This weekend, we lost a beloved member of our Health System family when Dr. Steven Gradwohl, a member of our Medical School faculty since 1994, was killed in an automobile crash on Interstate 94. I know too well the shock of such a tragic loss and my deepest condolences go out to his family, friends and colleagues. He will be greatly missed and always remembered. Dr. Gradwohl’s obituary can be found here.
Dear Health System Community,
In February 2012, the University of Michigan Board of Regents called for an extensive investigation and review of the delay in reporting suspected possession of child pornography by a former U-M resident. Today, at their October meeting, the Board of Regents instituted significant changes to improve how we handle safety and security at the University of Michigan, including at our Health System. I encourage you to read the memo from the Regents and related information, which can be found here.
In my message to our UMHS community last January, I acknowledged this delay in reporting as a painful moment in our history and that, moving forward, we will do better. The actions outlined by our Board of Regents are necessary steps to help us do better and to facilitate our movement forward. I would like to thank the Board, the consultants and the many faculty, staff and leaders who have been involved in this difficult, yet critical, effort. Your honesty and clear commitment to improve are resounding evidence that we will succeed in making our University and our Health System safer, especially for our patients, whose safety is our highest priority.
It is incumbent upon all of us in the Health System community to be engaged partners in this ongoing effort. We all have a responsibility to take action when we see something that is wrong. Even though it isn’t always easy to speak up, it is always the right thing to do. And doing the right thing is, as President Coleman has said, the Michigan way.
This morning, I was privileged to participate in a ceremony honoring the service and memory of six heroes who lost their lives five years ago today.
On that day – June 4, 2007 – I was still in Indiana, but I remember hearing the news about the University of Michigan transplant and Survival Flight team that didn’t make it home from their life-saving journey across Lake Michigan. I felt a special connection to the story not only because I am a physician, but because my late husband, Mark, was a transplant surgeon. He and his team – as well as transplant and medical aircraft teams across the nation – mourned with Michigan on that tragic day.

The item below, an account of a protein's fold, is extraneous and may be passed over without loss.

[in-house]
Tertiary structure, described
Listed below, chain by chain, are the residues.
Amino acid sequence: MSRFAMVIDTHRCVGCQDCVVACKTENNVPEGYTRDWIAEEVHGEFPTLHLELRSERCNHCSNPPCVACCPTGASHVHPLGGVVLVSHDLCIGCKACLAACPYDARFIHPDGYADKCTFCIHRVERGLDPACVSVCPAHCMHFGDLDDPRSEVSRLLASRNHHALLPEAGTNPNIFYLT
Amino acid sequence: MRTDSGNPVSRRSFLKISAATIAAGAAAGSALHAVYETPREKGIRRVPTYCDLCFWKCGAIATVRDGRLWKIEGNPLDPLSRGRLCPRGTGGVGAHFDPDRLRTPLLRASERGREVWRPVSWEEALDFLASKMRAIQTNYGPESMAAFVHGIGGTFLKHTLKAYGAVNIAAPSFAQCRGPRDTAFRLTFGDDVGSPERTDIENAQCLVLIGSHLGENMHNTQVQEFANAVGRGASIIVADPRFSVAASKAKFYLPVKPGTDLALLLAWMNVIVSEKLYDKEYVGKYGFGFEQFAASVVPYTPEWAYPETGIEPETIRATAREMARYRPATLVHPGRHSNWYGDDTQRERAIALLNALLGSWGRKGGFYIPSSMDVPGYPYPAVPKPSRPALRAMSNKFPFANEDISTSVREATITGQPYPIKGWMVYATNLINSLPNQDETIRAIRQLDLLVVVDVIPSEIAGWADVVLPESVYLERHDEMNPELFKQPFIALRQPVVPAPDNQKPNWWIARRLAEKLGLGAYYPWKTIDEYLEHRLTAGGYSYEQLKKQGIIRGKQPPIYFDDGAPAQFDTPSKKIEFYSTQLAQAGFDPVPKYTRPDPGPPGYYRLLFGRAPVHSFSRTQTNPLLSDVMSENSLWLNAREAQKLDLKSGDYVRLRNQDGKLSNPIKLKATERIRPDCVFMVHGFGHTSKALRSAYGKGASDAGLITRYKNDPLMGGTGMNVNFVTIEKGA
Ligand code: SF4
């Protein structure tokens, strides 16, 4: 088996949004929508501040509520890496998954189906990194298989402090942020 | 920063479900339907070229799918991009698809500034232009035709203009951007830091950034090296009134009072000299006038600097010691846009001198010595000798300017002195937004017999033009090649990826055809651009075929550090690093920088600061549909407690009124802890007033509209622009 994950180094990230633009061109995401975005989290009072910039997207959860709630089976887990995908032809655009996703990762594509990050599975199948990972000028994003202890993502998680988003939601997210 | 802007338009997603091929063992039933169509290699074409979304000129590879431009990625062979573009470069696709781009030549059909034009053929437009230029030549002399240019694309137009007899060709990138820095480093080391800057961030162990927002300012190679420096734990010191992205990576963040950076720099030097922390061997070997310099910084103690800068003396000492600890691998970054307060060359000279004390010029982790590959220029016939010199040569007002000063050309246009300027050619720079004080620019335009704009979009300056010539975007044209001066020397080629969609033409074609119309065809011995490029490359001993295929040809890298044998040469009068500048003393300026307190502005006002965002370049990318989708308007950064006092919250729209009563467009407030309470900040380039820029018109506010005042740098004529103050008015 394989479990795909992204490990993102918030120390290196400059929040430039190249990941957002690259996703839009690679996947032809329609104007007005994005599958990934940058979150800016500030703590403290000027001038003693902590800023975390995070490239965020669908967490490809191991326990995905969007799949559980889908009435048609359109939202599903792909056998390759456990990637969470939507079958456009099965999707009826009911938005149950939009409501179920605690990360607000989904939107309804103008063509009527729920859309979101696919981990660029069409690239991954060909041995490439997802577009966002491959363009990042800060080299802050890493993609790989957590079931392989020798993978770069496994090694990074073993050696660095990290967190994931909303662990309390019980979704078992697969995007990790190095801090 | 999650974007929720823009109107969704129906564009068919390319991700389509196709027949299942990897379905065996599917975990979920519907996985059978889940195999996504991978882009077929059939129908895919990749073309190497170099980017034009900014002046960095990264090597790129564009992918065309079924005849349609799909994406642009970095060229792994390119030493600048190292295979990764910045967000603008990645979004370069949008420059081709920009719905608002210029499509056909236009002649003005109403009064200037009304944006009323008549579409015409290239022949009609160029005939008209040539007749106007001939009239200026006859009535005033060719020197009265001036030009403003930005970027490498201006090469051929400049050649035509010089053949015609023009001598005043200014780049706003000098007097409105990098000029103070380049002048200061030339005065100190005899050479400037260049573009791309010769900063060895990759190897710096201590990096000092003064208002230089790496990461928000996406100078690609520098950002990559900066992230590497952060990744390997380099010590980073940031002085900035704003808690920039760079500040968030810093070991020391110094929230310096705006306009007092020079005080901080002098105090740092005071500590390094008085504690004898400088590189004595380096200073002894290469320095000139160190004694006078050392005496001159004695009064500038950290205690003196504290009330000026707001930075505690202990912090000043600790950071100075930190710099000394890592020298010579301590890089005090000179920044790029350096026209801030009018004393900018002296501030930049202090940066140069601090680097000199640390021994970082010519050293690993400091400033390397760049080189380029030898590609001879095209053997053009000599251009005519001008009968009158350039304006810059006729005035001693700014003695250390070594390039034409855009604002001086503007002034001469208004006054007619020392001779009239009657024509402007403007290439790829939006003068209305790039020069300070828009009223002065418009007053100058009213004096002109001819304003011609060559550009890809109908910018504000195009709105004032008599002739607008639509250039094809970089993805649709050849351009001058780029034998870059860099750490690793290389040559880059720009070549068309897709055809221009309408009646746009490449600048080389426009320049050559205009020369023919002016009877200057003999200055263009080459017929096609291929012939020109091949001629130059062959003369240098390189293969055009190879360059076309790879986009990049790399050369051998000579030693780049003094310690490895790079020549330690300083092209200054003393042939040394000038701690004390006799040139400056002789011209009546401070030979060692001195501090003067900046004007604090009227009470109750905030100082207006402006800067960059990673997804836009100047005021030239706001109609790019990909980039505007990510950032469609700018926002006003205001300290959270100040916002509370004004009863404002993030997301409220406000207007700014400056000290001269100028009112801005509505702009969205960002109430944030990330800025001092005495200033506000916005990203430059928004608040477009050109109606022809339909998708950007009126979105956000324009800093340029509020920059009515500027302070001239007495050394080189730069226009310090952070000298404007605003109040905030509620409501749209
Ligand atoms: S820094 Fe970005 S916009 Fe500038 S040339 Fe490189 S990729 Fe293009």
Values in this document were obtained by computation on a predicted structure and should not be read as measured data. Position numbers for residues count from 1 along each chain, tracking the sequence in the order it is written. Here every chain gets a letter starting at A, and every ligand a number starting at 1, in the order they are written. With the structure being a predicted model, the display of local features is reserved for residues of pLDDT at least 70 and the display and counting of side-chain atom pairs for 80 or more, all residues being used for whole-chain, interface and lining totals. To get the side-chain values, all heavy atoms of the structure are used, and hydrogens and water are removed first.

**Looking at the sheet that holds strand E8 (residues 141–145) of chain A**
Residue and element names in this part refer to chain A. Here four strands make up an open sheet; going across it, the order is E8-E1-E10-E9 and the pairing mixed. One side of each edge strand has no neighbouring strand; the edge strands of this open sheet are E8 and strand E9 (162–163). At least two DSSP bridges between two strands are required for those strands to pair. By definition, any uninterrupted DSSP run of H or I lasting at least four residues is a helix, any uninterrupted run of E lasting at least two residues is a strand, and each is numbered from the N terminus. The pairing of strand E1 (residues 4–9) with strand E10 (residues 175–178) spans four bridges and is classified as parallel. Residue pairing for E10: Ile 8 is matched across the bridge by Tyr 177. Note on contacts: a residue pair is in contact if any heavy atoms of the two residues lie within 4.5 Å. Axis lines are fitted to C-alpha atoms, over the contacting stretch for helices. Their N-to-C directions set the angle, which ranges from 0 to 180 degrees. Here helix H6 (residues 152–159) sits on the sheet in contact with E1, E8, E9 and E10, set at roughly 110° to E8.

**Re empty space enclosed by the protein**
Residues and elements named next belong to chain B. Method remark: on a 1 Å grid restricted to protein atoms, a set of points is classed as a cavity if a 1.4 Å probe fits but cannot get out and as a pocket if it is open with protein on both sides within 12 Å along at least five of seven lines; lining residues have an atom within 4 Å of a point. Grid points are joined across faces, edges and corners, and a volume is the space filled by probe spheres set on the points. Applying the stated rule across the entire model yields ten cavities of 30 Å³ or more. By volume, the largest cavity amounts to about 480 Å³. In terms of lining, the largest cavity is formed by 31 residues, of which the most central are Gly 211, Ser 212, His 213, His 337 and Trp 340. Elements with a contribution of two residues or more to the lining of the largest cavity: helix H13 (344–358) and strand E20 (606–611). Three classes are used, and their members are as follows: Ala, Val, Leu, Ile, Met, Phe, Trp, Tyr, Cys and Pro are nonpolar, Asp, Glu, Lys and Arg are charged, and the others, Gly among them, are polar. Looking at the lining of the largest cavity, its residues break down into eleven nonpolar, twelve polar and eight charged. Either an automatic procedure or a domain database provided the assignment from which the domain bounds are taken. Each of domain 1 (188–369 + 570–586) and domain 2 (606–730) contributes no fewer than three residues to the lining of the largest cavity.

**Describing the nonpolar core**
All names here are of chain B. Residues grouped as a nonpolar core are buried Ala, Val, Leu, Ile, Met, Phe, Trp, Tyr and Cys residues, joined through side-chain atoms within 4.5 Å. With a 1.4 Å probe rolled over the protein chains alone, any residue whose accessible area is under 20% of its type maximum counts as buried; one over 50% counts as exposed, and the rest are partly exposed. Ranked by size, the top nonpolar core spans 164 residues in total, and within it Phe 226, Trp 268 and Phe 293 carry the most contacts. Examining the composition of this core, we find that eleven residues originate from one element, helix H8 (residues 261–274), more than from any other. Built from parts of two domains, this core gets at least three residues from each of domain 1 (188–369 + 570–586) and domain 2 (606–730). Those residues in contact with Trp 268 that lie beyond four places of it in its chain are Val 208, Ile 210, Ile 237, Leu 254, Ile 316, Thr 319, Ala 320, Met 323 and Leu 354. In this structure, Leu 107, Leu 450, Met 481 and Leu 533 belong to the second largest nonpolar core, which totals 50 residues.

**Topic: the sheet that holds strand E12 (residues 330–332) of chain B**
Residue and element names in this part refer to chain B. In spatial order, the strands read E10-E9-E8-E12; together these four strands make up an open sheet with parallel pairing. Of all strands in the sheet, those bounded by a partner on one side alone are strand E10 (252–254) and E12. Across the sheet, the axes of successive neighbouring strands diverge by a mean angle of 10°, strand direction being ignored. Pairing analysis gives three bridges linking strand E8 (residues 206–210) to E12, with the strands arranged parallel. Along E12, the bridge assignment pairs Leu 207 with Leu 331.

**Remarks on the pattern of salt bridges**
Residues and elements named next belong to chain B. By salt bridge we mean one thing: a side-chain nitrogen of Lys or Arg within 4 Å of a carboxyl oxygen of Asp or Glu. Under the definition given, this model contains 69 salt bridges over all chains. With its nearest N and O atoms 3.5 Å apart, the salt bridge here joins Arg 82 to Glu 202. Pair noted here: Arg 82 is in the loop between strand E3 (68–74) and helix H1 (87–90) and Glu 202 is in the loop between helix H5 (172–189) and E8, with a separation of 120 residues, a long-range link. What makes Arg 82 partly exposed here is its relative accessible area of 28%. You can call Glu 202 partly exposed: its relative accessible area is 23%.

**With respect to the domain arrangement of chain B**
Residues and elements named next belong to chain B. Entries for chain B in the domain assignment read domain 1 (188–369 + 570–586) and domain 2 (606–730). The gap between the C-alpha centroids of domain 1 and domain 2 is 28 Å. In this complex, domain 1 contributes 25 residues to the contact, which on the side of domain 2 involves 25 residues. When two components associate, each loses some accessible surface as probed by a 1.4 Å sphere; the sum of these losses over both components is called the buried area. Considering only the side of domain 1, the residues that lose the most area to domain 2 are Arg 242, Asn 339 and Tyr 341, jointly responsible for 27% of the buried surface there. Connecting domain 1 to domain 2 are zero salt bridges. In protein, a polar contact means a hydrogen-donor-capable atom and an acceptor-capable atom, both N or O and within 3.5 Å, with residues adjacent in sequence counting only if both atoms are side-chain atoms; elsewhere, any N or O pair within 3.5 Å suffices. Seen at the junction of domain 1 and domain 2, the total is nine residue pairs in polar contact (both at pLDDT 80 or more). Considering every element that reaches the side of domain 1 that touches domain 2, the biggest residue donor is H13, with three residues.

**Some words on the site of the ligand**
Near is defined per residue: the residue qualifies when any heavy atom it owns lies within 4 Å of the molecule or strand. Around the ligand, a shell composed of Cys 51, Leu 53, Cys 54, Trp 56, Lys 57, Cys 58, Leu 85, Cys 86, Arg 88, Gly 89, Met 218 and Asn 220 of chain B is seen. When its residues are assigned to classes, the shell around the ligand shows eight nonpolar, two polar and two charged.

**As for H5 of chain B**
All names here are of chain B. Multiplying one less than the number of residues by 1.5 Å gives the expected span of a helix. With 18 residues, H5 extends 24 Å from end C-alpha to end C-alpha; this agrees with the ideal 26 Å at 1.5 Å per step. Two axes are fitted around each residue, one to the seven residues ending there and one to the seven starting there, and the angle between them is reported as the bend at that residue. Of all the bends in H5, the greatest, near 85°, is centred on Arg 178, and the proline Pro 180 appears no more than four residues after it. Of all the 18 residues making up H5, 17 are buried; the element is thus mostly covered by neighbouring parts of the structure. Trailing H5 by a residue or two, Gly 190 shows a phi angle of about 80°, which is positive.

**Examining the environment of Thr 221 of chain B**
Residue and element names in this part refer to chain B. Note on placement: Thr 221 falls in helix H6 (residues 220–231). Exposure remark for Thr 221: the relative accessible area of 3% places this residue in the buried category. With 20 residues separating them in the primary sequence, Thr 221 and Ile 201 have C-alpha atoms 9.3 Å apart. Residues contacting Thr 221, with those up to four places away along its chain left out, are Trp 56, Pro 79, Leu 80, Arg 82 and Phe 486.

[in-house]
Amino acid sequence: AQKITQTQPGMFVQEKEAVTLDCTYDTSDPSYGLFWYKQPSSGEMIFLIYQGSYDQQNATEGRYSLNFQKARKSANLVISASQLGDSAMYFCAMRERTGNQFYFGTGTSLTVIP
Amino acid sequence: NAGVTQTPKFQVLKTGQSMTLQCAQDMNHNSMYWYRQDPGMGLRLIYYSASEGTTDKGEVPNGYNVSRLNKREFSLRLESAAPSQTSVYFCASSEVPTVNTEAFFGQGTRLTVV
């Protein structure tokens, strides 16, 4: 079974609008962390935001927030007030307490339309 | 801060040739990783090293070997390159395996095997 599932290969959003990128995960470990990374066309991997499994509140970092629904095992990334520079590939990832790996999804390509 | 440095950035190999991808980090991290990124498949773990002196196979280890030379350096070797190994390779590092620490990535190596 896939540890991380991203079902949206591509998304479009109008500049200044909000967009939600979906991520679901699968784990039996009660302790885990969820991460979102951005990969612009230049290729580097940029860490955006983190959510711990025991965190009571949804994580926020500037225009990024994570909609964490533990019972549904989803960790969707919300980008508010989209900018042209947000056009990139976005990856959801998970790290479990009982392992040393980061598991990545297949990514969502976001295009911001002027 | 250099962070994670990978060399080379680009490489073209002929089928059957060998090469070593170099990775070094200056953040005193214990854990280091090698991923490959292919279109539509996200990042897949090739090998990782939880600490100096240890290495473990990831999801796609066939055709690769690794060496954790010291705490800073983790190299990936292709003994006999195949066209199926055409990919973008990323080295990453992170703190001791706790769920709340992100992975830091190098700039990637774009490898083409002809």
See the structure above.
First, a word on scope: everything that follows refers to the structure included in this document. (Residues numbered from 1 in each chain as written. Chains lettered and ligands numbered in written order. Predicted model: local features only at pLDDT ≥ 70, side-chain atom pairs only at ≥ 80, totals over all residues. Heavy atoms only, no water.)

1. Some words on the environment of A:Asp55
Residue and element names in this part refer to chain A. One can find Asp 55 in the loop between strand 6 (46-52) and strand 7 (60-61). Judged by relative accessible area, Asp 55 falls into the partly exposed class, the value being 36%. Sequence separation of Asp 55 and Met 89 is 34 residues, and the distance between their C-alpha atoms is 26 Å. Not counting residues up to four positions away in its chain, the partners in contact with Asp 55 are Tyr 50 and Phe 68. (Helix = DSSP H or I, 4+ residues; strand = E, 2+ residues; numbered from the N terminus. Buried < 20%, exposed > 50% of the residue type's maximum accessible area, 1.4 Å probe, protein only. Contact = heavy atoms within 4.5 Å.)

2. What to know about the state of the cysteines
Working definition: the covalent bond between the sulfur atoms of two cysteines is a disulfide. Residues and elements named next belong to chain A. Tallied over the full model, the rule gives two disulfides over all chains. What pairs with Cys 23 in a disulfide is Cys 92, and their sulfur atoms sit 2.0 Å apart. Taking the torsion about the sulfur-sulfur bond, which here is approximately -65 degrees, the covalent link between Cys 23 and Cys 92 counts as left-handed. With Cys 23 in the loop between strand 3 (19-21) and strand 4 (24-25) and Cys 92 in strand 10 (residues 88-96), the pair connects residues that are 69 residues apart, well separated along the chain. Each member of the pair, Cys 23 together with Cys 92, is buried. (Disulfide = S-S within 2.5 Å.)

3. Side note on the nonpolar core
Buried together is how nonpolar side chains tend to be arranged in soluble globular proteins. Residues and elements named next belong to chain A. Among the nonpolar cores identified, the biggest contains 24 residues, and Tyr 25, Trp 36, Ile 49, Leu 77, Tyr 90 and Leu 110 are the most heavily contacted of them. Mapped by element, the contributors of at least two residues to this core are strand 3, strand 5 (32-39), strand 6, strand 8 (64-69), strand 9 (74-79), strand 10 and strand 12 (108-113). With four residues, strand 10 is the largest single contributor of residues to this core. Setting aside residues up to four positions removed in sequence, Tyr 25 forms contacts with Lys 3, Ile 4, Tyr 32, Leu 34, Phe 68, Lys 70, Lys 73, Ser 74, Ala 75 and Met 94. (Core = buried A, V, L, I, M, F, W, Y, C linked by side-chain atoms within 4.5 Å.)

Five years ago, the UMHS community came together in grief, sadness and disbelief. Today, we came together once again to remember and honor six extraordinary men whose legacies inspire us each and every day.
David Ashburn, Richard Chenault, Dennis Hoyes, Ricky LaPensee, Bill Serra and Martin Spoor will never be forgotten – they will forever remain in our thoughts and in our hearts. We will think of them when we look at the memorial art piece that was commissioned in their honor and now stands at the front of University Hospital. We remember them through the six endowments the University created in their honor. And we think of them with each life saved by an organ transplant.
Having since suffered a devastating loss myself – the death of my husband, Mark, more than a year ago – I understand the shattering effect tragedy can have on one’s life and one’s family. That’s why I want all of the family members to know that your extended Health System family continues to be here for you whenever you need us.
And to those of you who lost beloved colleagues on that heartbreaking June day, remember that through your work, you keep their extraordinary legacies alive and strong.
We can never replace loved ones who die too soon, but we can live each day after in tribute to them, and to the immense love and joy they brought to so many others.